Marsh Creek Skatepark: Raleigh, NC
Pillar Design Studios teamed with Stewart Engineering, a local Engineering firm on this skatepark design bid build project. Pillar assisted in the Site Selection and managed the Skatepark Design, Construction Documentation and Construction Observation. As Landscape Architects it is always our goal to minimize site disturbance whenever possible.
The best location for the Raleigh Skatepark happened to be situated on a hill, so in order to work with the site we designed the Skatepark to move with the natural topography of the land. In doing so the need for drainage was prevalent, we realized the water will need to be collected and redistributed throughout the park. By working with Stewart Engineering we collectively came up with the Raleigh Rain Garden system. The Raleigh Skatepark has three separate Rain Gardens that absorb stormwater run‐off. This not only is aesthetically pleasing to the local community but it is one of the GREEN aspects to this project as the rain gardens reduce storm water pollution. The Artisan team was selected to build the Raleigh Skatepark, creating another Pillar/Artisan successful project.
Skatepark Location: Raleigh, North Carolina
Project Size: 12,000 square feet
Project Schedule: February 2007 – May 2009
Skatepark Budget: $406,000
Skatepark Project Actual Cost: $475,000
Skatepark Address: 3016 New Hope Road, Raleigh, NC 27607
*The project increase was due to a large amount of granite that was found onsite. The City hired a sub-Consultant to conduct boring samples without involving the Skatepark designer. This is yet another example of why a Skatepark designer should be involved at all times. We recommend 3 to 5 borings at a depth of 10 to 15 feet for optimum results.*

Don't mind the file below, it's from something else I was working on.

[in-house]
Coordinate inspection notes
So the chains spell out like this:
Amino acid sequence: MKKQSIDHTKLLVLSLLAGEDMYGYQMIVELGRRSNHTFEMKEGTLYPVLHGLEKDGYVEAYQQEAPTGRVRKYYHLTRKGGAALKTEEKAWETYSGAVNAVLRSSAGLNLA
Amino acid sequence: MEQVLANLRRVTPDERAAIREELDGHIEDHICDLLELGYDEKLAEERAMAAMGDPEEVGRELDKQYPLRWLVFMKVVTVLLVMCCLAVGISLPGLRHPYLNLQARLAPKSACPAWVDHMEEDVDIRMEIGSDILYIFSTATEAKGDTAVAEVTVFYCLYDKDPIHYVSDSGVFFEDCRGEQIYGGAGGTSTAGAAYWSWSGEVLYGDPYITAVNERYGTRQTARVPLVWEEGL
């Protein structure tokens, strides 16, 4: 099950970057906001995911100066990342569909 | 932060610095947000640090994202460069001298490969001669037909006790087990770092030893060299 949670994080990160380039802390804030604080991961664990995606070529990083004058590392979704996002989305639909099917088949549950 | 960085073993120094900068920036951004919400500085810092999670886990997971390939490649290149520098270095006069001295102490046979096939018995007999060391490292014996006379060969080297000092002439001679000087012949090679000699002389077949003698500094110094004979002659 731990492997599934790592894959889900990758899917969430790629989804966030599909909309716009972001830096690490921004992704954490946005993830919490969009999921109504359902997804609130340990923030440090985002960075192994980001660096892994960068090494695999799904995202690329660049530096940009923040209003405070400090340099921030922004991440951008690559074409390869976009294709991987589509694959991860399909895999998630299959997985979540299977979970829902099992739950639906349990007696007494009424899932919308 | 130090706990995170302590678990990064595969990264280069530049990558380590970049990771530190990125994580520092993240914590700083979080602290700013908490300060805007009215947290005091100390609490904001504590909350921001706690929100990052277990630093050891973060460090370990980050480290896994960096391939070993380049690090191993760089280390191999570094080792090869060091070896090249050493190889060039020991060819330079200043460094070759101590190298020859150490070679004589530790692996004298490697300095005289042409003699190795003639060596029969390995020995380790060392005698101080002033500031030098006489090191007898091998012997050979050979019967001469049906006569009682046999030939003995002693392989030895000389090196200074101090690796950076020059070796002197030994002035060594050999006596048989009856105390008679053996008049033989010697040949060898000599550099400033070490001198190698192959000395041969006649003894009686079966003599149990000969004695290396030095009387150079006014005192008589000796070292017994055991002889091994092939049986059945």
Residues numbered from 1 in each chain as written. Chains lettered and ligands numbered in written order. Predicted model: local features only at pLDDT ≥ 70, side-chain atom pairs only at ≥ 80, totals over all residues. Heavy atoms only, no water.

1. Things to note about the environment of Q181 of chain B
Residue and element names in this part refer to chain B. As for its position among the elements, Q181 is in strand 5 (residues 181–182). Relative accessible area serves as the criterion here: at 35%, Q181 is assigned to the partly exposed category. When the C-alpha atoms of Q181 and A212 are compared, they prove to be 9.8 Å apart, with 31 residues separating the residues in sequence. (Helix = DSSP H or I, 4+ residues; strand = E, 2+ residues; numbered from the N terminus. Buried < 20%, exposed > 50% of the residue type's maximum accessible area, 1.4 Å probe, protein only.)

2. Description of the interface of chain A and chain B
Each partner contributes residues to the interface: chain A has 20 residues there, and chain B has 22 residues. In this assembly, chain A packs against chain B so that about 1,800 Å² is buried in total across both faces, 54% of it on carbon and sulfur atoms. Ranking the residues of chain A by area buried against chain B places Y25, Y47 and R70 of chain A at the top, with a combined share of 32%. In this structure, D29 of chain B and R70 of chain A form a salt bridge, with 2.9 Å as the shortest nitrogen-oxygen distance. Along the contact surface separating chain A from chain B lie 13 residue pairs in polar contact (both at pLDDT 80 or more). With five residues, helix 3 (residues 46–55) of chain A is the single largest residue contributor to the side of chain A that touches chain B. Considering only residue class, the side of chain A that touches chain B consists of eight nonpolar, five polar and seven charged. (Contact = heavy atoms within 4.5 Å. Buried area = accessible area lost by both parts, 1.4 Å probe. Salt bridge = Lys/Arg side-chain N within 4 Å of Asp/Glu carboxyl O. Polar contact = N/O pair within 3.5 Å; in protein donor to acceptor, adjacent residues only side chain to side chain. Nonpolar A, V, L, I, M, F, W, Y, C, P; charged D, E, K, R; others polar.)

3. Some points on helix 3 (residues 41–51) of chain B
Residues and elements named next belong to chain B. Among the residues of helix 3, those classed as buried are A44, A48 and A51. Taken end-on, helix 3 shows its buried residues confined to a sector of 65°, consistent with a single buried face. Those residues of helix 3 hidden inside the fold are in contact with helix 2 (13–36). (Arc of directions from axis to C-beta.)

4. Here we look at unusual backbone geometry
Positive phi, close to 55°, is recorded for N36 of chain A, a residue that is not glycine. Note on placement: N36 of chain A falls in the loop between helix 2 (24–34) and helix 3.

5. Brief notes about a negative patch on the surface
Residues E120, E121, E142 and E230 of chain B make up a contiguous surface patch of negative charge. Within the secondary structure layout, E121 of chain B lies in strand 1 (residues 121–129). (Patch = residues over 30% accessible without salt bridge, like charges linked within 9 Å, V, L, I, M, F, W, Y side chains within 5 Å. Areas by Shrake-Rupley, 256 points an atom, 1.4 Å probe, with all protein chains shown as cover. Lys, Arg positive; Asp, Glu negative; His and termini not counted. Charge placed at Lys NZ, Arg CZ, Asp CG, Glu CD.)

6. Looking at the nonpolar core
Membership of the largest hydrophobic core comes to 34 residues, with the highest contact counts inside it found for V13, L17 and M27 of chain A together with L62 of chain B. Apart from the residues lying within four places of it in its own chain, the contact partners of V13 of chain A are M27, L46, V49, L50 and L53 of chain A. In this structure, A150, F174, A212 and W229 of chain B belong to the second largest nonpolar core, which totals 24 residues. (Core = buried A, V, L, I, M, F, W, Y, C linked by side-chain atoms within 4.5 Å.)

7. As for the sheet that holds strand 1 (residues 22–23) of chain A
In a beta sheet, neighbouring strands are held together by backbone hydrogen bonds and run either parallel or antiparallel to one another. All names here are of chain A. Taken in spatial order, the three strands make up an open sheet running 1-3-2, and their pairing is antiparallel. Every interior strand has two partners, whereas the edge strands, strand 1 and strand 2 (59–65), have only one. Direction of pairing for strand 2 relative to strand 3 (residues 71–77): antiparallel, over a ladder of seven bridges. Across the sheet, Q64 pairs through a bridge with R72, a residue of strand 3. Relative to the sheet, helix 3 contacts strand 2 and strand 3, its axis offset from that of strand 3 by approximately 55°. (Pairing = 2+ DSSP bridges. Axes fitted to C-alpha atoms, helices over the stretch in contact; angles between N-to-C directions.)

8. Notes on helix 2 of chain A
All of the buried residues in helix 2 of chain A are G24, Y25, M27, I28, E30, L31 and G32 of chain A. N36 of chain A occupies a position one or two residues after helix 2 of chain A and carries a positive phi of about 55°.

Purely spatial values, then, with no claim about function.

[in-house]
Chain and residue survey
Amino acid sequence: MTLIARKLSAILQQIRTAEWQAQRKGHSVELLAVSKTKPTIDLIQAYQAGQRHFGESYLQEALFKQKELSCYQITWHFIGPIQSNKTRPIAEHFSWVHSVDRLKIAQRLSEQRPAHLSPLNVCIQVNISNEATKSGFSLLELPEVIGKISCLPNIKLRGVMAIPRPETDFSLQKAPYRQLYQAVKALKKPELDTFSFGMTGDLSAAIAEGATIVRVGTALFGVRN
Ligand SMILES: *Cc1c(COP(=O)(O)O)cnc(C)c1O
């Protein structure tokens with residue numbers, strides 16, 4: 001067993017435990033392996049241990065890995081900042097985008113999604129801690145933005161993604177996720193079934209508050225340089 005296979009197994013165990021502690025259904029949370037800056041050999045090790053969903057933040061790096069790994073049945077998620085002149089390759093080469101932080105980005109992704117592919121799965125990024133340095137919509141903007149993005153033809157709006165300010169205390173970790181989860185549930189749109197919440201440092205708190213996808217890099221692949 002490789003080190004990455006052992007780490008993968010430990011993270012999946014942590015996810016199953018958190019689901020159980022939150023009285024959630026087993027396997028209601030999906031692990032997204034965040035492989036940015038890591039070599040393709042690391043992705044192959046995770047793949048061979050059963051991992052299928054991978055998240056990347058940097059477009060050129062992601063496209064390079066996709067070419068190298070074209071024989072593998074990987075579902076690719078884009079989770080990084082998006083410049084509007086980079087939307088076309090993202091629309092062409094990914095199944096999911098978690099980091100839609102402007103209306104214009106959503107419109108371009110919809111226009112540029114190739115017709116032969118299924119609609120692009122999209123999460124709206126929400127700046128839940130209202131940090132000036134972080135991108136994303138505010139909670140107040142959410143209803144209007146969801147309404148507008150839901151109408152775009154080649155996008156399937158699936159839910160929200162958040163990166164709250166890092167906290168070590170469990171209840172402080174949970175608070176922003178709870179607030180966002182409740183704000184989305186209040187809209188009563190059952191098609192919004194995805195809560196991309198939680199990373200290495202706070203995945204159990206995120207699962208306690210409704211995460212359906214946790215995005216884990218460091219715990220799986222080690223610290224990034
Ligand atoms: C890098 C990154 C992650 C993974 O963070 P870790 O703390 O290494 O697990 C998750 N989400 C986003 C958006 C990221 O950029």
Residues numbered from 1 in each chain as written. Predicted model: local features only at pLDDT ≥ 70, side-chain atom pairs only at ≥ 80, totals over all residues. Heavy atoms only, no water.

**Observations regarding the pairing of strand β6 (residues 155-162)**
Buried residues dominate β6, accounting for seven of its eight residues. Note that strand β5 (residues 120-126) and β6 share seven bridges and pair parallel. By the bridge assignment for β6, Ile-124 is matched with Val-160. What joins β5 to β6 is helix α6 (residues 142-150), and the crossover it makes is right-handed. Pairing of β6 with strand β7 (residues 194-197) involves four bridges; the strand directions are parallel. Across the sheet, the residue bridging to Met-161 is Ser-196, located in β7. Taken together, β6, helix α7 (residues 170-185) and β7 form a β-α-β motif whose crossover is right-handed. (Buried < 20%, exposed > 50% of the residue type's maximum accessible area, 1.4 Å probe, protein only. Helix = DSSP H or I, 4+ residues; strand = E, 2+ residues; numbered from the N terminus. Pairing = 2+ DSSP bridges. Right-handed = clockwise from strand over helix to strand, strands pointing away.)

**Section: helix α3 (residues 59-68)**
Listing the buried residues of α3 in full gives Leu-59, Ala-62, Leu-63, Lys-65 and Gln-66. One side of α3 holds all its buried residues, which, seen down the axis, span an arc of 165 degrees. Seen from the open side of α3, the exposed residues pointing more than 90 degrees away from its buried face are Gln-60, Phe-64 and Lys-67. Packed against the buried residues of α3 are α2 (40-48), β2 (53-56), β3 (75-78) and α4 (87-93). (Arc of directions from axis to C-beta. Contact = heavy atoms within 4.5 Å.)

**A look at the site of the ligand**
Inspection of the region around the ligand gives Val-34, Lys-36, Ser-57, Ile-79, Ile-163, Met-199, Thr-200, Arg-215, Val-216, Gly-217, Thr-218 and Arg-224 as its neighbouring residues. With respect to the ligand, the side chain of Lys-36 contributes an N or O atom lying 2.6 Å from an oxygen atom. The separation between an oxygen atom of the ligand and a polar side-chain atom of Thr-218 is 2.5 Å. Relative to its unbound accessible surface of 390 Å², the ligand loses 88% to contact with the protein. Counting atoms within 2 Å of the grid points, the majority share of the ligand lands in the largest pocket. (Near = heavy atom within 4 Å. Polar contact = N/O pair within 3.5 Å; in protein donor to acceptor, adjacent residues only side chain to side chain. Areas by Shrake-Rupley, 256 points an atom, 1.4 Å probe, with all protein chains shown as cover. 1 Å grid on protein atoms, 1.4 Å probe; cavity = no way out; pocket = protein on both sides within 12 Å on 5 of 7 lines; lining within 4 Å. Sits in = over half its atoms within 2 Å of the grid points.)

Project Contacts: David M. Shouse, City Planner – 919.996.4788
Graham Smith, Engineer – 919.805.3586
“On behalf of Stewart Engineering, Inc., I wanted to write a thank you for all of the hard work you put into making our project a huge success. The park has only been open for a couple of months and yet it continues to get rave reviews from the local, regional, and national skate community. The quality of the material choices and the quality of the skate experience are second-to-none in the region.
As you know early on, we had to make a choice on whether we should work with you or your previous employer, due to that firm disbanding and then reforming. I had been working with you during the proposal process, but the firm turmoil left us in a quandary.
You and I discussed the fact that you were about to start Pillar. Therefore, I called several references that you gave me and I called several more that I found on my own from your past portfolio. What I heard from everyone was that you approached each project as if you owned it and as if their park was going to be the best. Everyone said that you would be fully committed to the project and that we wouldn’t be let down with the amount of energy and expertise that you’d bring to the project from beginning to end. And now that we have completed our first project (of many?) with you, we were truly pleased to see all of those qualities shining through in your work with us here in Raleigh. You knew your audience, your materials, your construction techniques, and you worked very well with us as a team member.
And in closing, I would also like to commend you on your understanding of context sensitive site design and your ability to tie the skatepark into the chosen site. By being able to work with the site parameters and our park design team, the project truly is a unique space for this entire region and has been successful beyond our imagination. Once again, we are very pleased that we could work together and we hope to do more of the same in the near future.”
Graham H. Smith, RLA, CLARB, ASLA
Landscape Architecture/Land Planning Department Manager
This was a complex project, we meet the City’s lengthy schedule and conducted 4 public input meetings before finalizing design. The Raleigh project is a perfect example of how a design can also affect the construction process. This park was built in sections, allowing portions of the park to be open and skate‐able before construction was completed. Having a Skatepark Designer that is experienced in all types of terrain is beneficial to the client, they are able to circumvent unforeseen issues that may arise. Instead of the excess granite being problematic, our Design team made a few minor changes in design and incorporated as much of the granite as possible. By adding the granite into the design, we were able to drastically reduce the additional removal charge.